Intimations of mortality

Perhaps because of the death of so many friends this year, it’s a subject I’ve been thinking about, “not to dwell on, just to wonder.*” It’s been the subject of an earlier posting, in which I confessed myself to be undecided about the arrangements I want for my own mortal remains when the time comes.

Last week, in the Père Lachaise cemetery in Paris, I had my own personal epiphany, and I’ve made my mind up.

We didn’t go looking for the graves of the rich and/or famous, and we didn’t see any. The tombs and memorials we saw bore names that meant nothing to me, and that was what crystallised my feelings. Walking along the ‘streets’ and alleyways of this city of the dead, it came to me that I don’t want that; I don’t want to be memorialised in this way. I should have trusted my Zen instincts all along, that when I was considering burials and headstones for myself that was an ego-trap. It seems obvious now. I will leave nothing behind, as I brought nothing when I came into the world, and as I’ve tried to tread lightly on it throughout. Not that I’m anticipating departing any time soon – I hope there’s many a good year ahead – but I can write my instructions now.

* From the poem Day Tripper, recently accepted for Envoi.


About sunnydunny

Poet, publisher, gardener
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7 Responses to Intimations of mortality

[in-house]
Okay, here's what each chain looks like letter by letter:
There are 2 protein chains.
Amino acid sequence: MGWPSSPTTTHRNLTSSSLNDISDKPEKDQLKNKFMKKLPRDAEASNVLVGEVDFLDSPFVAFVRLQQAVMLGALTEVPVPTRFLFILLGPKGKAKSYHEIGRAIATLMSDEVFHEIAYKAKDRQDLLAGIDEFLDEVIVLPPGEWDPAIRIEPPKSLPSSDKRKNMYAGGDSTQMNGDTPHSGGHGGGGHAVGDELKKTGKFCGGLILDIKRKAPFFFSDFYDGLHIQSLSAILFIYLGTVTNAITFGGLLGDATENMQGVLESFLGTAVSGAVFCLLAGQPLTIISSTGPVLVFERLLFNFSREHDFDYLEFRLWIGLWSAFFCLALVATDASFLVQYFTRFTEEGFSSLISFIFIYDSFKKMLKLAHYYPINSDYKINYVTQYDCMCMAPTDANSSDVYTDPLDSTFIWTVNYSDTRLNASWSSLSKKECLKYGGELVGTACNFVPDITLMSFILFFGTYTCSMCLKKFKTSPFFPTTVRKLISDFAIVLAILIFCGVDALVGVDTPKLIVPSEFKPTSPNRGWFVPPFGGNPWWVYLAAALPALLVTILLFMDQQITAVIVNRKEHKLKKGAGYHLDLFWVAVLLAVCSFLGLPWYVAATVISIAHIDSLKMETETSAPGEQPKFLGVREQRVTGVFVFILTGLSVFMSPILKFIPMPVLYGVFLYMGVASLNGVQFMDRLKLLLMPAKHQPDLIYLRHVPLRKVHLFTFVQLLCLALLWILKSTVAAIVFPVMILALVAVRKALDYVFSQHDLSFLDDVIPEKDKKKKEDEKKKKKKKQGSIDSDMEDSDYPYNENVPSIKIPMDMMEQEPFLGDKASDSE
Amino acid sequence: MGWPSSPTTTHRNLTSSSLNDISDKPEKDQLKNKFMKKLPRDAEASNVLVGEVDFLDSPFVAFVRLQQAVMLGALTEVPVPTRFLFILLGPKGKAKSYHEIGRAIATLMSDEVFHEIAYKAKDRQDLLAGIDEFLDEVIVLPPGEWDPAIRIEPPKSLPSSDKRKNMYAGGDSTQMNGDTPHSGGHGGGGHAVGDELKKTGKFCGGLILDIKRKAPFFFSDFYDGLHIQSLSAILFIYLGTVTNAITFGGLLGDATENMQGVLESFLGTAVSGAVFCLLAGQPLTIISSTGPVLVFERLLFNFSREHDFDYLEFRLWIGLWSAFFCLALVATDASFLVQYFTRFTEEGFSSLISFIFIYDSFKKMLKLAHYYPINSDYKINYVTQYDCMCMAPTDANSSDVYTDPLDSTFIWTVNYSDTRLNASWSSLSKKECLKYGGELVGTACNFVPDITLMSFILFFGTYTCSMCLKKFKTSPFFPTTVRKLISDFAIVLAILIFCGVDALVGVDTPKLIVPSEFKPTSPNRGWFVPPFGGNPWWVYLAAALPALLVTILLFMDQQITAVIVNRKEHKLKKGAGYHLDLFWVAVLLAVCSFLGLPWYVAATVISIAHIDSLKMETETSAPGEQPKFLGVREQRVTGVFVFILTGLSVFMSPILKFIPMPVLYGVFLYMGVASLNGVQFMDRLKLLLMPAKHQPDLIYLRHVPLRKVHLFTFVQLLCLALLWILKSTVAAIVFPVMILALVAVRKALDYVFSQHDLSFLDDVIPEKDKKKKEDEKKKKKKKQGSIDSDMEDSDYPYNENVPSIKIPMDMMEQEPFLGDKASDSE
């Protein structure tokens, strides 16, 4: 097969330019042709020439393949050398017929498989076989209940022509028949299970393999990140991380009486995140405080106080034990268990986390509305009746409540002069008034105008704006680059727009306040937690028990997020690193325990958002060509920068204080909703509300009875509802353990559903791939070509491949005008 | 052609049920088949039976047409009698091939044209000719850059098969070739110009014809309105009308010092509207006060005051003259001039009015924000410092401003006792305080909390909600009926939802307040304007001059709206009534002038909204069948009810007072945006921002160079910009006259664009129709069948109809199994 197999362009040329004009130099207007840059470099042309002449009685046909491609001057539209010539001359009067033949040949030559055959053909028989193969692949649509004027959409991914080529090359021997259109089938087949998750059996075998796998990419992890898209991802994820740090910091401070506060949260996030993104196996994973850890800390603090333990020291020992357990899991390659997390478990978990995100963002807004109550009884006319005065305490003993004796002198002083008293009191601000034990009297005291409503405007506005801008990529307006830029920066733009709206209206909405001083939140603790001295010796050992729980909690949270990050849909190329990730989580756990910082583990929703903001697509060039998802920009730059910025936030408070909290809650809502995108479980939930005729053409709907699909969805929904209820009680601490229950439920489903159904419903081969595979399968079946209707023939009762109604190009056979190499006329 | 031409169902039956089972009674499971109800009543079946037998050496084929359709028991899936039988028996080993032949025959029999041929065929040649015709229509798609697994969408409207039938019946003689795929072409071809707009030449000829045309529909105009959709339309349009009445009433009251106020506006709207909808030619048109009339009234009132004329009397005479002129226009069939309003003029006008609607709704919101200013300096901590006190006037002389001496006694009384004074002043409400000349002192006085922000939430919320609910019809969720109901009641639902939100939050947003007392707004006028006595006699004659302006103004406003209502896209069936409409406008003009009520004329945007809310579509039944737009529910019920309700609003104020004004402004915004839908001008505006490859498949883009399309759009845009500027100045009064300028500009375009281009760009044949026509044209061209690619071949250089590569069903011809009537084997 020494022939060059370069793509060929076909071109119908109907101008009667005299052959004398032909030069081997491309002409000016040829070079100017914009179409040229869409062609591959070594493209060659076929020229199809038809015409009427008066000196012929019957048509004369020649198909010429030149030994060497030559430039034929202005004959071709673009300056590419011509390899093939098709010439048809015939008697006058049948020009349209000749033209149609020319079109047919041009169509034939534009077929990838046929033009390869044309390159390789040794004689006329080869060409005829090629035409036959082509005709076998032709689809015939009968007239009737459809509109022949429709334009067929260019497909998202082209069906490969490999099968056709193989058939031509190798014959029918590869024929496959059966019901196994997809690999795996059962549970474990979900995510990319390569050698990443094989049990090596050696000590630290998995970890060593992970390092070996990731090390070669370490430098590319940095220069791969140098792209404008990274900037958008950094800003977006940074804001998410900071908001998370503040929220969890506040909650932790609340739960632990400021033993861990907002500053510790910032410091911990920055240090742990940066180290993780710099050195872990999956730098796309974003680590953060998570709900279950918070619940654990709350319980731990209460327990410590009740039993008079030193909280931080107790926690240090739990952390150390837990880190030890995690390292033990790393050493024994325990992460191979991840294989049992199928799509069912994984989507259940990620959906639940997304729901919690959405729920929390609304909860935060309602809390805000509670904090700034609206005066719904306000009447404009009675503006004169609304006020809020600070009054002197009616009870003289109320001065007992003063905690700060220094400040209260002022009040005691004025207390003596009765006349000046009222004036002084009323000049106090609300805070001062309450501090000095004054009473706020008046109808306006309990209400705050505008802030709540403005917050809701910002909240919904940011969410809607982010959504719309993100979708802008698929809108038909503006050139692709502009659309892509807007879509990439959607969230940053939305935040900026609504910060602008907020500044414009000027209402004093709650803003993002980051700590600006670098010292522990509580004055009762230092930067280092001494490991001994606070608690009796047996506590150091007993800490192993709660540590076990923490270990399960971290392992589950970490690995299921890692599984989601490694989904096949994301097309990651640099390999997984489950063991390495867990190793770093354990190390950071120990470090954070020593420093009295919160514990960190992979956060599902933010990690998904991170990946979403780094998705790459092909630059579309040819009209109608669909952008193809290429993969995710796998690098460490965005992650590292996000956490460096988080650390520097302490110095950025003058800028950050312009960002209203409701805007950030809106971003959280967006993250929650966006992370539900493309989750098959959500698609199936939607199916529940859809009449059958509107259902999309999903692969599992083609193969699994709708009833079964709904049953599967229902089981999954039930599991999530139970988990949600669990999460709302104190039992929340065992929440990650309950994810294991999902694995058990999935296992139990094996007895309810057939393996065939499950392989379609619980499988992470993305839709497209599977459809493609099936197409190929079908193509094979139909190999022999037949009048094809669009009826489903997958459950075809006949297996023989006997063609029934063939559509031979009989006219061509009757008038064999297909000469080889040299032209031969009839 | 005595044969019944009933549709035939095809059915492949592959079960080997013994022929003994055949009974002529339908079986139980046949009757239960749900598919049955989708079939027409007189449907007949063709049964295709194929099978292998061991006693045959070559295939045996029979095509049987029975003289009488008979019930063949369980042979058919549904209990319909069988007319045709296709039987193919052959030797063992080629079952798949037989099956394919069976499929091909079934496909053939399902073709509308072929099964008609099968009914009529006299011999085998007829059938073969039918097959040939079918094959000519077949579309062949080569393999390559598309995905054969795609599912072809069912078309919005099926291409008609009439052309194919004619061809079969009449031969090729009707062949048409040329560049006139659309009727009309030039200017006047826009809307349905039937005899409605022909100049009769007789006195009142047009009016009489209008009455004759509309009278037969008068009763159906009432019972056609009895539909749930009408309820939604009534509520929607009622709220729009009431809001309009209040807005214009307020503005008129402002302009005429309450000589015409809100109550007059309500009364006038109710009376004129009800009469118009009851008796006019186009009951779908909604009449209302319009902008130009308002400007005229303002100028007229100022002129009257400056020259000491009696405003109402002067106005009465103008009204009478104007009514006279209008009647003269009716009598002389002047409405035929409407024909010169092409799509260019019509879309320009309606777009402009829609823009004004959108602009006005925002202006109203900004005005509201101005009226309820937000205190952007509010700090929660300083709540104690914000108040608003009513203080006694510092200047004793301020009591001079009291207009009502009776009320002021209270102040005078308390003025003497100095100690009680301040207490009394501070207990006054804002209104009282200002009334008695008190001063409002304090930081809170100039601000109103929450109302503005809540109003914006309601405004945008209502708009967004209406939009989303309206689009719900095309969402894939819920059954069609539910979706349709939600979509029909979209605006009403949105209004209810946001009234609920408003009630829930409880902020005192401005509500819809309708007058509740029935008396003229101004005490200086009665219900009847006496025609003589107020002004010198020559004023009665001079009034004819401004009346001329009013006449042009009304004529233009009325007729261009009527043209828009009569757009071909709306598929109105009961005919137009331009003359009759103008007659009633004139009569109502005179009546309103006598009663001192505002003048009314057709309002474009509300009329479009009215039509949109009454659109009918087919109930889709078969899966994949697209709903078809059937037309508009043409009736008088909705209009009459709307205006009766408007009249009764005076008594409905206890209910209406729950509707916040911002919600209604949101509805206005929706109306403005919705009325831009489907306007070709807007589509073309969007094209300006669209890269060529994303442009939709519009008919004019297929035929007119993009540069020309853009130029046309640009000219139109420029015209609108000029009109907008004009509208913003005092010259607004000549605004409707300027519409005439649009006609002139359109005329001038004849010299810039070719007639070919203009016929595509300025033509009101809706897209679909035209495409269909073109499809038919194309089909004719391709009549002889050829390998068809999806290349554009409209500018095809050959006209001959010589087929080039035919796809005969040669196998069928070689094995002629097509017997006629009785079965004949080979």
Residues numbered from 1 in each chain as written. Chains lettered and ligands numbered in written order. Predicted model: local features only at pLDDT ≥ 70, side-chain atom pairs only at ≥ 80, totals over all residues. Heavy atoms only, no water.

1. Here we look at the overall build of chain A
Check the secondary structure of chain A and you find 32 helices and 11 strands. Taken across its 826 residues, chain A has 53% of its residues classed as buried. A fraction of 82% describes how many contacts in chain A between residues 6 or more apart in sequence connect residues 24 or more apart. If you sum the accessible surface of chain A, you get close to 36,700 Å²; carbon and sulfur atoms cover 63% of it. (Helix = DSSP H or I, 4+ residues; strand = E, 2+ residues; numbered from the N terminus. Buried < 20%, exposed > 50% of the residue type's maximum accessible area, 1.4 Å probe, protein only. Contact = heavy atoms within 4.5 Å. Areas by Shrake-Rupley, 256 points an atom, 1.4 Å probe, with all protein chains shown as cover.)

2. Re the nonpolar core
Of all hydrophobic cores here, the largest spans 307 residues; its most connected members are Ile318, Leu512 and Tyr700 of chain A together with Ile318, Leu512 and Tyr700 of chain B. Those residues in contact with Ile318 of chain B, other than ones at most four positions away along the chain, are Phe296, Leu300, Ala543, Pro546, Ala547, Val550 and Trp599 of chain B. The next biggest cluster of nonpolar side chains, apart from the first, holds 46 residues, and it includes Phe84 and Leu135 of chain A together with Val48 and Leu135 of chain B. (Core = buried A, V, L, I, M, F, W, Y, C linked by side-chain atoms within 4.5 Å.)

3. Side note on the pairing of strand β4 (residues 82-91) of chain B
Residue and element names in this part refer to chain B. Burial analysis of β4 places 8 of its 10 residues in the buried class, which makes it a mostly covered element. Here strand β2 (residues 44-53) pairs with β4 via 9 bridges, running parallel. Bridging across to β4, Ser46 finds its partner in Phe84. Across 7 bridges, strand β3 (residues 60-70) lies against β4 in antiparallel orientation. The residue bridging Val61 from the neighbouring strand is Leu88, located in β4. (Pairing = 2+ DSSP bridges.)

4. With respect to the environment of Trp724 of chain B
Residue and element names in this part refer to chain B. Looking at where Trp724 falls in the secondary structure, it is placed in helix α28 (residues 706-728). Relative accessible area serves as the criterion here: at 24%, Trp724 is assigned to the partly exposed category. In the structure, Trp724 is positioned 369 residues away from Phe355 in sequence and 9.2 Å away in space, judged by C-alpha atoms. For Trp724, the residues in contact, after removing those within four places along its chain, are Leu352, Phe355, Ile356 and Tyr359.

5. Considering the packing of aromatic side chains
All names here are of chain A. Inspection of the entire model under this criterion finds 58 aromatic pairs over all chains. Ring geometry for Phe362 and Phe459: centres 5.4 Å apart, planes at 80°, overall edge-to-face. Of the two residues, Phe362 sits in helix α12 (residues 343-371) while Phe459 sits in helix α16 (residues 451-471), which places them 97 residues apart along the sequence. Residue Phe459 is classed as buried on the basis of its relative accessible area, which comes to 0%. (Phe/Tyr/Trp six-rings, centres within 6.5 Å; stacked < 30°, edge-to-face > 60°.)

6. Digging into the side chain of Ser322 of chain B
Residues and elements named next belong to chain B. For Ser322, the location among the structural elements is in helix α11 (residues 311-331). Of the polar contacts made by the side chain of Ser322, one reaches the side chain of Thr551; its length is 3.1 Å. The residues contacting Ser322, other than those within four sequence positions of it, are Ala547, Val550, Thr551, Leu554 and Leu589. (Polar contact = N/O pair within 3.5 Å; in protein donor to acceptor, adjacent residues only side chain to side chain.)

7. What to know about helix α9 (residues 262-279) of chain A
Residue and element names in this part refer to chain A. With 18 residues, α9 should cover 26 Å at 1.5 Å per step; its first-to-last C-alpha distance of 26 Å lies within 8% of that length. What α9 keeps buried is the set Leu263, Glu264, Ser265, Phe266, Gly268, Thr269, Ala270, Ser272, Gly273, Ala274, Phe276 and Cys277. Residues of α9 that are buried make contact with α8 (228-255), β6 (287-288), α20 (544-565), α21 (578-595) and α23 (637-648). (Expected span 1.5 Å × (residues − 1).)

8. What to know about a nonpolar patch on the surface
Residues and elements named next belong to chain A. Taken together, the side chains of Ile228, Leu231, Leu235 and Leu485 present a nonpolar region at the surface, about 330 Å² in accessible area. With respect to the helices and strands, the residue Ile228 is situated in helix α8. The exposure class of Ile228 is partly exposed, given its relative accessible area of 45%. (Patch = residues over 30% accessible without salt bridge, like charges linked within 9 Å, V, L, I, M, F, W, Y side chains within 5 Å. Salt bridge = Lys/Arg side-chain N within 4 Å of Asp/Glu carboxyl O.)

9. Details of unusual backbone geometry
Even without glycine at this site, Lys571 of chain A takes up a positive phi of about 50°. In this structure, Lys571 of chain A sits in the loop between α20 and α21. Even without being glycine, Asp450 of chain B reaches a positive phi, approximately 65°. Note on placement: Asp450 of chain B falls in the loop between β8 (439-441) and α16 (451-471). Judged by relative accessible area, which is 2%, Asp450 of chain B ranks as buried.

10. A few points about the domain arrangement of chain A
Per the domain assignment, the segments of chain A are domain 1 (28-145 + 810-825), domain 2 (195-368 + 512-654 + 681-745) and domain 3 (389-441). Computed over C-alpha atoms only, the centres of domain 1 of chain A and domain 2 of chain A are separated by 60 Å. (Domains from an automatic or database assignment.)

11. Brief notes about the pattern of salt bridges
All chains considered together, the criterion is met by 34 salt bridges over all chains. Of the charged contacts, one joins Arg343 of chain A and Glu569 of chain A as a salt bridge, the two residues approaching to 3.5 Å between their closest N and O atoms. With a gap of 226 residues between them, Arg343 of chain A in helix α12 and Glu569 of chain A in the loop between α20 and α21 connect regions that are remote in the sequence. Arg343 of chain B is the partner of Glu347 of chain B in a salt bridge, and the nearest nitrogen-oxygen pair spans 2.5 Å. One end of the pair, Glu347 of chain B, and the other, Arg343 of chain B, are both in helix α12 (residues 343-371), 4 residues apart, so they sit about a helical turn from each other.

1. Tommaso Gervasutti says:

    Dear Colin, for some reason reading this latest post of yours a poem came instantaneously to my mind, by probably the greatest poetess ever, I don’t want to type it all until the end, it’s short anyway, and I’m sure you know it:Not knowing when the dawn will comeI open every door….Best wishes, Davide

  2. Colin Will says:

    Ah yes, Davide, Emily Dickinson, one of my favourite poets.Colin (heading off to Elgin)

  3. Rachel Fox says:

    I know what you mean but I would have to question your ‘I will leave nothing behind’…maybe not a grave stone but what about the children, the poems, the touching other people’s lives….could be long list!x

  4. Tommaso Gervasutti says:

    And I regognize dear Colin the perfect Zen spirit “I will leave nothing behind…” something reminding me of the memorable Paul Reps’ book Zen Flesh Zen Bones…

  5. shug says:

    Aye, connected to what Rachel was saying, you have a legacy whether you like it or not. When my mum died she was cremated and we scattered the ashes in Mull- all very spiritual, appropriate etc etc, but I wish I had a focus now, a grave, a plaque, a tablet or whatever, somewhere specific to go.

  6. hope says:

    Colin, your thoughts reminded me of my Dad. He had an incurable cancer and made me promise that I’d only put up a modest headstone. {My mother-in-law went overboard in that area and Dad didn’t want anything so attention getting}. I know everyone grieves in their own way. To me, the cemetery was a place to confirm information during genealogy research and I didn’t seem to have the gene that others in my family had to “just go visit”. Dad knew that, which he worked into his other request of me. Being a Christian, he believed his remains were just that, an empty shell. His exact words were, “Once you plant me, you don’t need to come back to visit. I won’t be there anyway.” Maybe I should add we had the same sense of humor. 🙂Knowing I did what HE wanted was comforting in itself. Making your family aware of your wishes now will allow them to remember you as the wonderful, loving man in their life and not as a hunk of stone….many, MANY years from now. 😉

  7. Colin Will says:

    Thanks for the comments. I suspect I’ll return to the subject at some point, but not for a while!

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